This week rapper 'Bizzle' released a song in response to the popular "Same Love" byMacklemore (If you have no clue what I'm talking about click on the underlined names above but to break down in a nutshell: rapper Macklemore released a song a few months back that gained a lot of traction in the LGBT community and was used most recently at Grammy's last month while "Queen" Latifah married off 150+ gay couples during the show,click here to see the story).  Since the release of his very open and honest response to the pro-gay song, rapper Bizzle has received hate mail and death threats from the gay community (Story here).  Hear the song by click on image below...

So why do I point out this "debate" in music?  I have many reasons but let me just stress two.  
1) Music effects all of us on some level.  This is why when that song you heard on the radio the moment you broke up with your high school boyfriend/girlfriend comes on you immediately have a flood of emotions, even though it's been months or even years.  This is why we listen to heavy metal when we work-out or slow jazz when we're relaxing.  This is why the one lyric stays on repeat in our head all day long... Music effects our hearts, heads and thus our actions!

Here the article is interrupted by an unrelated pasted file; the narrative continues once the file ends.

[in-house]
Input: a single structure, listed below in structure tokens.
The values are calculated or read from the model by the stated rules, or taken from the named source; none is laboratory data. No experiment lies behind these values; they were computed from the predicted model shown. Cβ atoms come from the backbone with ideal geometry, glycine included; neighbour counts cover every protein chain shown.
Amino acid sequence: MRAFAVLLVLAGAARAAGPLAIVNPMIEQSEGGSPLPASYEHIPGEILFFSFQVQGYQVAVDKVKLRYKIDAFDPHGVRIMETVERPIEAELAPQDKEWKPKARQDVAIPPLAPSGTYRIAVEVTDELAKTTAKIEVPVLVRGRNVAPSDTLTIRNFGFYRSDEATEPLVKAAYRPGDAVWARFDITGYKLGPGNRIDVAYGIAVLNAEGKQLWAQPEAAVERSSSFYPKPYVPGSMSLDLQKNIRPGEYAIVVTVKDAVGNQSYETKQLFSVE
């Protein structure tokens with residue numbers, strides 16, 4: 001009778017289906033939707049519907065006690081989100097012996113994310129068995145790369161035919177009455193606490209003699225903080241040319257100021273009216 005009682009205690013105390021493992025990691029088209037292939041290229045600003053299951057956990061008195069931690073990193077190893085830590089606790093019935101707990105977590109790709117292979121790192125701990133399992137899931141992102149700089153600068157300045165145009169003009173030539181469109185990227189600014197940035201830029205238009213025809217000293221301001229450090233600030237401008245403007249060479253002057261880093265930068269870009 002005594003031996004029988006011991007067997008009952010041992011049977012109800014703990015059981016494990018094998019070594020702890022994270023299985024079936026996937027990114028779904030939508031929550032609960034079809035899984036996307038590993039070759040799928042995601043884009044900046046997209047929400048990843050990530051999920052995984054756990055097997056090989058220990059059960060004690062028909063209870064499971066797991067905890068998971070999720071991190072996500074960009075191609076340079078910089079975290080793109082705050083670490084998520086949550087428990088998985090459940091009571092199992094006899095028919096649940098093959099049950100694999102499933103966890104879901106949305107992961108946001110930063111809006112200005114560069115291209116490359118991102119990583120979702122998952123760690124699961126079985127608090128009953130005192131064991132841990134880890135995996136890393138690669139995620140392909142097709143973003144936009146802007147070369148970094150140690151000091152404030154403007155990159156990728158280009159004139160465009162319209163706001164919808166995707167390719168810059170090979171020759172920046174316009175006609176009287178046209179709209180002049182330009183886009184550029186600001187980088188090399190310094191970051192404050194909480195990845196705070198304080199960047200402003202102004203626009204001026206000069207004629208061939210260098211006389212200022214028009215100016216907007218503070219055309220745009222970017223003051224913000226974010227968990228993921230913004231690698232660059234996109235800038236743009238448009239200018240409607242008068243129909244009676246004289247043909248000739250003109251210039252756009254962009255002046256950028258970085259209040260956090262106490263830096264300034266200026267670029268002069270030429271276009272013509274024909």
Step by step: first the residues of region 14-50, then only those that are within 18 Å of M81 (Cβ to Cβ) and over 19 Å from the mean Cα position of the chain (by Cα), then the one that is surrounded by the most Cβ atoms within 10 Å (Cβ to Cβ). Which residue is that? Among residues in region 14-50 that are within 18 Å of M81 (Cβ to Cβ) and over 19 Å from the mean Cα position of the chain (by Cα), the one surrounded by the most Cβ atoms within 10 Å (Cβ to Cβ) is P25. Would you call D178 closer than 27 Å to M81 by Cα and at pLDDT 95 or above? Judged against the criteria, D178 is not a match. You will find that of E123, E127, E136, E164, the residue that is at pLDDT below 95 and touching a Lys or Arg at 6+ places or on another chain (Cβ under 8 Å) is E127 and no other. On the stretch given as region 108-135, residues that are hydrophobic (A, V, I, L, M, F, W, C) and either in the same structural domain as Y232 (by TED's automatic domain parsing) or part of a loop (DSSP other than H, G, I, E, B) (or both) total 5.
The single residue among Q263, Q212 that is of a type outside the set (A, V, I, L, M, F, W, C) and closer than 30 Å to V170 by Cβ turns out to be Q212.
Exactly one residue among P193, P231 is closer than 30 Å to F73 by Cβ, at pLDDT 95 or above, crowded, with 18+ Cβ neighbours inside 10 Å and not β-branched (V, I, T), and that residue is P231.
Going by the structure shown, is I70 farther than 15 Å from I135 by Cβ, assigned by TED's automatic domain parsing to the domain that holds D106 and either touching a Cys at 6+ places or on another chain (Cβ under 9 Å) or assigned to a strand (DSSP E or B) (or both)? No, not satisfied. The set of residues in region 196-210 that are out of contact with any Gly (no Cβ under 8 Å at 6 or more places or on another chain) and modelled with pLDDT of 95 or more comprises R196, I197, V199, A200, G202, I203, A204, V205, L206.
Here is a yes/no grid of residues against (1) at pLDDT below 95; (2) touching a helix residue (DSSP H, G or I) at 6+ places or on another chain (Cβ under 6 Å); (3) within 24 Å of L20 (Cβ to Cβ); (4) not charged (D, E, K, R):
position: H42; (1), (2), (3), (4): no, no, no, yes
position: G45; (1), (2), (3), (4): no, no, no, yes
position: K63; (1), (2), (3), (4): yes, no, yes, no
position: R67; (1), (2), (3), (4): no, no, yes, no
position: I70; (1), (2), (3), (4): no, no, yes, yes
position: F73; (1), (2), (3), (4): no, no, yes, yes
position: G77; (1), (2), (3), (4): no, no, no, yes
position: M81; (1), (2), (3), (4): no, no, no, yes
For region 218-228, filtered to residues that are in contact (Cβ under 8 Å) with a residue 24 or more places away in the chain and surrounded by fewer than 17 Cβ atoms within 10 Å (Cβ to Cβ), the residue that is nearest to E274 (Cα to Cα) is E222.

2) There's a fight for control of your thoughts.  Though I'm not a big believer in hidden messages if you play that one record backwards on a slower speed in the dark while tripping out to acid!  I do believe every band or musician wants to be heard, wants to change someones life through their music or at the minimum, be famous.  The only way to do either of those things is to get you to listen, mediate, talk about and even purchase their music.